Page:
Thursday, December 15, 2005

narnia negativity

Polly Toynbee at British newspaper The Guardian has written a most interesting critique of the new "The Lion, the Witch and the Wardrobe" movie.

The movie, which appeared in theaters last Friday, is based on the popular children's book of the same title by C.S. Lewis. The book is especially popular among Christians, who love its allegorical elements, with Aslan representing Christ; the White Witch, Satan; and her castle with stone statues, the grave with all those who died in the time before Christ came and broke the power of death.

I won't be seeing the movie until tomorrow, but still, I got a kick out of reading Toynbee's piece, because it's so laden with irony. The writer, who obviously has a serious grudge not just with Narnia with Christianity, nonetheless deserves high points for spiritual perception. She seems to understand the gospel very well:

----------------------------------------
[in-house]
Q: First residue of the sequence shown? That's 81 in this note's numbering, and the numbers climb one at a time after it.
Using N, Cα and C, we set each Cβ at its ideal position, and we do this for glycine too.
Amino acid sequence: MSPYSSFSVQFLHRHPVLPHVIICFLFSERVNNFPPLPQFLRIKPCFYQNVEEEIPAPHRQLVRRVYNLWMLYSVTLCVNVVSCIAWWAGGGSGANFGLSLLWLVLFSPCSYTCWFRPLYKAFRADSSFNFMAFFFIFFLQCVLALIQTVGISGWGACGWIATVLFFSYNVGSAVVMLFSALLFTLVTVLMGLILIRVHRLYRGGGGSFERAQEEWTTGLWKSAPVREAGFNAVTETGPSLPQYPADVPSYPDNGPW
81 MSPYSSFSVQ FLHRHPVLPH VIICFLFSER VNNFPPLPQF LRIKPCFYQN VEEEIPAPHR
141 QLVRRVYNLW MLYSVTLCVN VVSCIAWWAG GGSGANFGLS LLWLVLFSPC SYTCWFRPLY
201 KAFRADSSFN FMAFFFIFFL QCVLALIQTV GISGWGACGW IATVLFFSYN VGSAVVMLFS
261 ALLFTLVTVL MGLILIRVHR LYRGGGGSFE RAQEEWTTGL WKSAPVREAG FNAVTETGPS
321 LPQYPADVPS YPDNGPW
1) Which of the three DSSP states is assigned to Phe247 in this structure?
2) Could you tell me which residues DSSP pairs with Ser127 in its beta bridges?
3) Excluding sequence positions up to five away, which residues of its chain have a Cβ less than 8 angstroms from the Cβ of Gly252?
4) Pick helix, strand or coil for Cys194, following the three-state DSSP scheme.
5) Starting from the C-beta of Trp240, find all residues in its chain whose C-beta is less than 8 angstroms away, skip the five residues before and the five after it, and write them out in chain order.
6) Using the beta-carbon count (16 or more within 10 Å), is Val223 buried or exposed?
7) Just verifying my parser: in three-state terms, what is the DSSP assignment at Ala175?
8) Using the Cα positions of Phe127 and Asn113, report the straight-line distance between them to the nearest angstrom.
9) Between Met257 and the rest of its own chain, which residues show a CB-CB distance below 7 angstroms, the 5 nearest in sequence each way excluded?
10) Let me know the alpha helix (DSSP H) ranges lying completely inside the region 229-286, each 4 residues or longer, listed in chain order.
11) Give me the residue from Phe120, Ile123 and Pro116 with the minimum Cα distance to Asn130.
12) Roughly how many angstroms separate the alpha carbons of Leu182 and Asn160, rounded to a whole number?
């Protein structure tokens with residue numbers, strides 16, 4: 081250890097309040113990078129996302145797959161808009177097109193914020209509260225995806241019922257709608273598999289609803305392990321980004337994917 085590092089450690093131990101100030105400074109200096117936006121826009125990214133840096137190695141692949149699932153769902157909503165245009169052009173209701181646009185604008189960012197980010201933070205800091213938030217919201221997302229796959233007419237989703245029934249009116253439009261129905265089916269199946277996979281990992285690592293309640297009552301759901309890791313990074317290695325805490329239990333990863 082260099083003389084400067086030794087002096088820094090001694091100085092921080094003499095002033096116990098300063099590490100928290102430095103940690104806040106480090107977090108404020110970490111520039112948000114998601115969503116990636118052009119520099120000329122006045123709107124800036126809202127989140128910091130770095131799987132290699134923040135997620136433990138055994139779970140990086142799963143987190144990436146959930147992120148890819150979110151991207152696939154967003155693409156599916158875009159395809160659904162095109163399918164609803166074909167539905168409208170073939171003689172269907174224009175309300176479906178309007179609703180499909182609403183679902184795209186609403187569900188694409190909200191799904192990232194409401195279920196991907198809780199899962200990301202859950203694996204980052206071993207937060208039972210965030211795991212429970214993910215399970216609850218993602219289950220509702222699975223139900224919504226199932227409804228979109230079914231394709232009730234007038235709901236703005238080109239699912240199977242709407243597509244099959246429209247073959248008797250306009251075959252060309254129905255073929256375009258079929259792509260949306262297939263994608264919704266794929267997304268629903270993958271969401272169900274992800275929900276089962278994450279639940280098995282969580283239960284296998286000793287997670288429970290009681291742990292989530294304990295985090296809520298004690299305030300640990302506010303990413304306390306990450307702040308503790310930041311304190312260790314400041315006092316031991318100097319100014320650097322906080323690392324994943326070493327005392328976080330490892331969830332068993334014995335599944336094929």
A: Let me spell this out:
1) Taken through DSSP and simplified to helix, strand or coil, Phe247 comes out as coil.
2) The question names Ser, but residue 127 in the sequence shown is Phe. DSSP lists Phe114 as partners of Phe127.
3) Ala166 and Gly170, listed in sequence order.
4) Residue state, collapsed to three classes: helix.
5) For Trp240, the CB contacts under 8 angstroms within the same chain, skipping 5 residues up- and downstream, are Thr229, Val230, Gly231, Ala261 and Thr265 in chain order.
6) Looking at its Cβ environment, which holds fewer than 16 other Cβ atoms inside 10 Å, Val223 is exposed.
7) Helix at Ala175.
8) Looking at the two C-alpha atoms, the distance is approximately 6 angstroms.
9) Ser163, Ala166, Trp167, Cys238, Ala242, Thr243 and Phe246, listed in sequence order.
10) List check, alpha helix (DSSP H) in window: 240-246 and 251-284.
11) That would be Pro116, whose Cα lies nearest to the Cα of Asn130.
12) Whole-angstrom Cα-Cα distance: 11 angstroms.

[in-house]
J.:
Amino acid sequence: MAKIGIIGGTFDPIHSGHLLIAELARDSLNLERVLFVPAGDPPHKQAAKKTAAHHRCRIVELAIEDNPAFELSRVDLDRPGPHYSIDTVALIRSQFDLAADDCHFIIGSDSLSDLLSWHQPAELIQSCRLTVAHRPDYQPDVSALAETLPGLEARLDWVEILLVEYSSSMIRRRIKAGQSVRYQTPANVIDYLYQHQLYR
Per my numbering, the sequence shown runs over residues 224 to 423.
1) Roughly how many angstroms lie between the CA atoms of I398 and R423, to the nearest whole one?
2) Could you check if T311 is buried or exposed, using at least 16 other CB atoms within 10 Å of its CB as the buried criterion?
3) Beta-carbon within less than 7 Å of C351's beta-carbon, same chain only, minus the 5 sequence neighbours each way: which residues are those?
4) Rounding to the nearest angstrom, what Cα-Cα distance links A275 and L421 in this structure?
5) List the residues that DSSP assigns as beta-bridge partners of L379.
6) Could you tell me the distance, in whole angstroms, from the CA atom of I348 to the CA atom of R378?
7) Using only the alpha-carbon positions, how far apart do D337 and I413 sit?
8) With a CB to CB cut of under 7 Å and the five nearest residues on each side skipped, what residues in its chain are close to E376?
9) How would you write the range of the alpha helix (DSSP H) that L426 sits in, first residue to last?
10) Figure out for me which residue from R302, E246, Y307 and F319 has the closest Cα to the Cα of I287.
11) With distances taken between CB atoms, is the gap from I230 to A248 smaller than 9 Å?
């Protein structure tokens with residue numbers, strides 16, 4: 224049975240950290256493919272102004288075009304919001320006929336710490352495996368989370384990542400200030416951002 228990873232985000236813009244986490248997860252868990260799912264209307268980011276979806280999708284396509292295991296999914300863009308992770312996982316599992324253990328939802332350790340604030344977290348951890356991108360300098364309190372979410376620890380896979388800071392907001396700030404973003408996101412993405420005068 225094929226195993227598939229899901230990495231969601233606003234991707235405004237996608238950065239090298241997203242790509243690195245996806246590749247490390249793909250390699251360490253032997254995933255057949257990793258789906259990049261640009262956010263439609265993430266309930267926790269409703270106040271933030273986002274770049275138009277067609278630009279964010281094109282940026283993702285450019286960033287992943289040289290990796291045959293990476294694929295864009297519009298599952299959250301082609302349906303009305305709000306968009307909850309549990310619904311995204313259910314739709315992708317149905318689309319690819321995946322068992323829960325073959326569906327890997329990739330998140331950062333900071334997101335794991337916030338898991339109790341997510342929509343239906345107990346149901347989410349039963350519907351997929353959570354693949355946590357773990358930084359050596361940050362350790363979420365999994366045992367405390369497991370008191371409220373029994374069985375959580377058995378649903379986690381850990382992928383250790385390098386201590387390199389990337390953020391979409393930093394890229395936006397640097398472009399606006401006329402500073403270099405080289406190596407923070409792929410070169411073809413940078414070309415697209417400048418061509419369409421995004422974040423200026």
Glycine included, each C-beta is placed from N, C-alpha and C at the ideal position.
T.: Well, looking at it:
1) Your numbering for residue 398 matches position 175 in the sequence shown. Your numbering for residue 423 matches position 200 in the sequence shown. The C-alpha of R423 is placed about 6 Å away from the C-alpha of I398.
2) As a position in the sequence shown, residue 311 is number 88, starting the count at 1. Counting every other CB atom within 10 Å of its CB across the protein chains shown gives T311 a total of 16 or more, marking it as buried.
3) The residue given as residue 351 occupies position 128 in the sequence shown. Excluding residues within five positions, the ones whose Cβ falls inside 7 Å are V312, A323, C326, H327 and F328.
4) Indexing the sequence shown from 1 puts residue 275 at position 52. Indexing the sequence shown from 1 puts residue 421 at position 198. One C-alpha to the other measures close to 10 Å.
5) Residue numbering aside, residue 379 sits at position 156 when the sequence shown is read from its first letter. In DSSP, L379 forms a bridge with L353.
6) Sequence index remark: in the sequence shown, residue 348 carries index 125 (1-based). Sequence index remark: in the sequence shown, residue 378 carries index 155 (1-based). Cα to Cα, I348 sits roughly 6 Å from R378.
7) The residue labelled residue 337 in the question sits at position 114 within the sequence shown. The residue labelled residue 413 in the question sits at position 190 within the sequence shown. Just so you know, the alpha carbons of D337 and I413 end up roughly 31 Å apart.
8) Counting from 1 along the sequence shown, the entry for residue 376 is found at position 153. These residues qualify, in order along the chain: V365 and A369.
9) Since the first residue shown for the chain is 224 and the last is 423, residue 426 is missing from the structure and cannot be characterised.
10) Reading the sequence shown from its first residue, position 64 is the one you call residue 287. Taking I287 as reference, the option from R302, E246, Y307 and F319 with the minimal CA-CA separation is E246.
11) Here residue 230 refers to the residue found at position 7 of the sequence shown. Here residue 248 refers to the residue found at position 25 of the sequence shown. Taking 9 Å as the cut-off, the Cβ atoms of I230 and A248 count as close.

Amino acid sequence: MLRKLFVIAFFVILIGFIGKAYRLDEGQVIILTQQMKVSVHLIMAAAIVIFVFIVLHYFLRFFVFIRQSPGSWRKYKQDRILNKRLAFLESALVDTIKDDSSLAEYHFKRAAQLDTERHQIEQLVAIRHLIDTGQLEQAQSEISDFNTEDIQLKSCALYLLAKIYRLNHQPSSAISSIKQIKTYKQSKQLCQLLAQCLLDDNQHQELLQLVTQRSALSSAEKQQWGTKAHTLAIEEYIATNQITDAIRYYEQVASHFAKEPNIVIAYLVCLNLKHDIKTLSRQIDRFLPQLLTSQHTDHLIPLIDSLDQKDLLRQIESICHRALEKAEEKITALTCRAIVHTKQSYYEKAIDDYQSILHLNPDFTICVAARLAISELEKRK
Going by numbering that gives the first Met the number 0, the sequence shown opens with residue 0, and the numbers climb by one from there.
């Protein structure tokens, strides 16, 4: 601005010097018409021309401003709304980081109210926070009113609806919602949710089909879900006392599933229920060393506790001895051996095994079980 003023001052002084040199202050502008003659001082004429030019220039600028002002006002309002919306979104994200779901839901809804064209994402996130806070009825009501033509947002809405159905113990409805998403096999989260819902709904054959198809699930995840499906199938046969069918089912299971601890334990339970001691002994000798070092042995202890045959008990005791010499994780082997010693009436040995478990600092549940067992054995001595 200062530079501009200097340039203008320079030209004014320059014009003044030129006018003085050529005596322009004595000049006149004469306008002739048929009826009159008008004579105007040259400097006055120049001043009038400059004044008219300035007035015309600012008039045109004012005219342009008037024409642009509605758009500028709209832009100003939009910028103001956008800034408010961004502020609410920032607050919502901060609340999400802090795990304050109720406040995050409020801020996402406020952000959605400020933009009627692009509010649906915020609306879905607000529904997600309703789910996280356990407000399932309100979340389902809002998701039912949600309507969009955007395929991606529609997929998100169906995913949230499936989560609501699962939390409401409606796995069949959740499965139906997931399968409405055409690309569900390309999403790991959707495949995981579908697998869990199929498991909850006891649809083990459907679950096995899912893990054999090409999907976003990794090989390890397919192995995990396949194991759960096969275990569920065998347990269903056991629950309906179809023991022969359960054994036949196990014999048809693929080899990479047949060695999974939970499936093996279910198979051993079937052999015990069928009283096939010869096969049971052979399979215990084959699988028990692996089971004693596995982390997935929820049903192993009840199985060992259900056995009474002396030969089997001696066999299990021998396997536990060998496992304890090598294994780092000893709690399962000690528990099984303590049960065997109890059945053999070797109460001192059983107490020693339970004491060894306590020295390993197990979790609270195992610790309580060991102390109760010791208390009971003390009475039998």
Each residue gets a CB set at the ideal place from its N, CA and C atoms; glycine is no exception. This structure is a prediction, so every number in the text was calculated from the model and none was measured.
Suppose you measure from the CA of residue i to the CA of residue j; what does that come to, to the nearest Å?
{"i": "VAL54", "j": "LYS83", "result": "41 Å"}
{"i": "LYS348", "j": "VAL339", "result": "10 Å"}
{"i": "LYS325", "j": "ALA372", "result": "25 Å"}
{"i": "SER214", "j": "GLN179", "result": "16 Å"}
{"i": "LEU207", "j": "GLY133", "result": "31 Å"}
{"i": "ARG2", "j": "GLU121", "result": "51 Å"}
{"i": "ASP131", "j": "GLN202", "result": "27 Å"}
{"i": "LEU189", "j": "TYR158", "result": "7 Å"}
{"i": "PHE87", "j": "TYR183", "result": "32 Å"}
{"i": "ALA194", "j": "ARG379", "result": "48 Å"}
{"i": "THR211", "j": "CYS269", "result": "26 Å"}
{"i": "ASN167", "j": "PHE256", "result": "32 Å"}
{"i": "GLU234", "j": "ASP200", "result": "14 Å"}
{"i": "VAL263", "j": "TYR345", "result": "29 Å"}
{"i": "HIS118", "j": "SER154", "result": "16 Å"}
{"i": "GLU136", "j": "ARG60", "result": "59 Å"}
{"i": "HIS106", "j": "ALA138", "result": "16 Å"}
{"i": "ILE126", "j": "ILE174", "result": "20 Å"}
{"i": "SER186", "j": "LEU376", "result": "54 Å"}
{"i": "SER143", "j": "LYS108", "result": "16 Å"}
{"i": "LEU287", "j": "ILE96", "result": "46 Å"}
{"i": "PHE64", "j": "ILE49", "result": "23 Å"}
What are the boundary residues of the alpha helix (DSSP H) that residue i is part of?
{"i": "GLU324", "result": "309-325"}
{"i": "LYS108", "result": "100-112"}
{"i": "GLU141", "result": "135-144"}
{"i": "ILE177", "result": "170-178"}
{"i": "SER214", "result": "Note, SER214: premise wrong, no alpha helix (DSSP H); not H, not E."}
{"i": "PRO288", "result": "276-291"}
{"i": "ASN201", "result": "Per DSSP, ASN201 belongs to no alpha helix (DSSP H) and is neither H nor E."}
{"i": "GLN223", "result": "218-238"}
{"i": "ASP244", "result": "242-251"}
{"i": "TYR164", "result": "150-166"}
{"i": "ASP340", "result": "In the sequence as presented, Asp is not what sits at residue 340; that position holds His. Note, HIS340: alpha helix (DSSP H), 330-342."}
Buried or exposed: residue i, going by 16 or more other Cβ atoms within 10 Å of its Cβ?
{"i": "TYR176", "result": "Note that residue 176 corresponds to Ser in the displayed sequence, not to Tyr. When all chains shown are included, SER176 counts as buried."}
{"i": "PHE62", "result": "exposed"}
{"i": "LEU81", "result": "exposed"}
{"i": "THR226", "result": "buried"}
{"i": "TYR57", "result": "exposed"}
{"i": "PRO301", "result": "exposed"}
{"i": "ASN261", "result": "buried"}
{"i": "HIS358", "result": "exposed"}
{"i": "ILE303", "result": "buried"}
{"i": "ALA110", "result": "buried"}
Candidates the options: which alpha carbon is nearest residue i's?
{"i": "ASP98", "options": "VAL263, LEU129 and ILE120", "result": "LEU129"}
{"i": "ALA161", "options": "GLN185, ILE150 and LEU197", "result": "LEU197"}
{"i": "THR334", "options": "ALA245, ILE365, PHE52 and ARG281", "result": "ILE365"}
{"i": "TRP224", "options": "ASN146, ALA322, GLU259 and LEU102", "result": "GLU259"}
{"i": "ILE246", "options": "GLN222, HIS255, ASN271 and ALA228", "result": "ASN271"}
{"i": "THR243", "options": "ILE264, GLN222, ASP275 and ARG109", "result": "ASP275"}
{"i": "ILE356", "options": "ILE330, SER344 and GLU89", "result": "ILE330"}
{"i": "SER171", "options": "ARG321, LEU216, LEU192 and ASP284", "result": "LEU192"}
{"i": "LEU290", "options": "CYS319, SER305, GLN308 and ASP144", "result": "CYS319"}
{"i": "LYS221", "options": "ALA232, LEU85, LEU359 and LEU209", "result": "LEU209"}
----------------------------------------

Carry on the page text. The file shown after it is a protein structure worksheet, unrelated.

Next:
Of all the elements of Christianity, the most repugnant is the notion of the Christ who took our sins upon himself and sacrificed his body in agony to save our souls. Did we ask him to? Poor child Edmund, to blame for everything, must bear the full weight of a guilt only Christians know how to inflict, with a twisted knife to the heart. Every one of those thorns, the nuns used to tell my mother, is hammered into Jesus's holy head every day that you don't eat your greens or say your prayers when you are told. So the resurrected Aslan gives Edmund a long, life-changing talking-to high up on the rocks out of our earshot. When the poor boy comes back down with the sacred lion's breath upon him he is transformed unrecognisably into a Stepford brother, well and truly purged.

It's not the first time I've heard such complaints, but I don't get them where the faith is concerned. Jesus is revealed in the book of Revelation as the Lion of Judah, and (paradoxically) as a Lamb. The lion's glory and power is manifest in the Lamb's weakness and humility, but he's still a Lion -- and while he's not militaristic or fascist, I don't think Lewis' Narnia, for all its failings, depicts him as such.

I'm curious to see how well the movie treats the subject matter. I've heard a few people express concerns that it might be too violent, upsetting or scary for the girls in a few parts. I guess we'll find out this weekend.

(Personally, I thought Toynbee's article would have been well served with a headline like "The Chronicles of Narnia: Why I hate God, Christians, Jesus, America, and you.")

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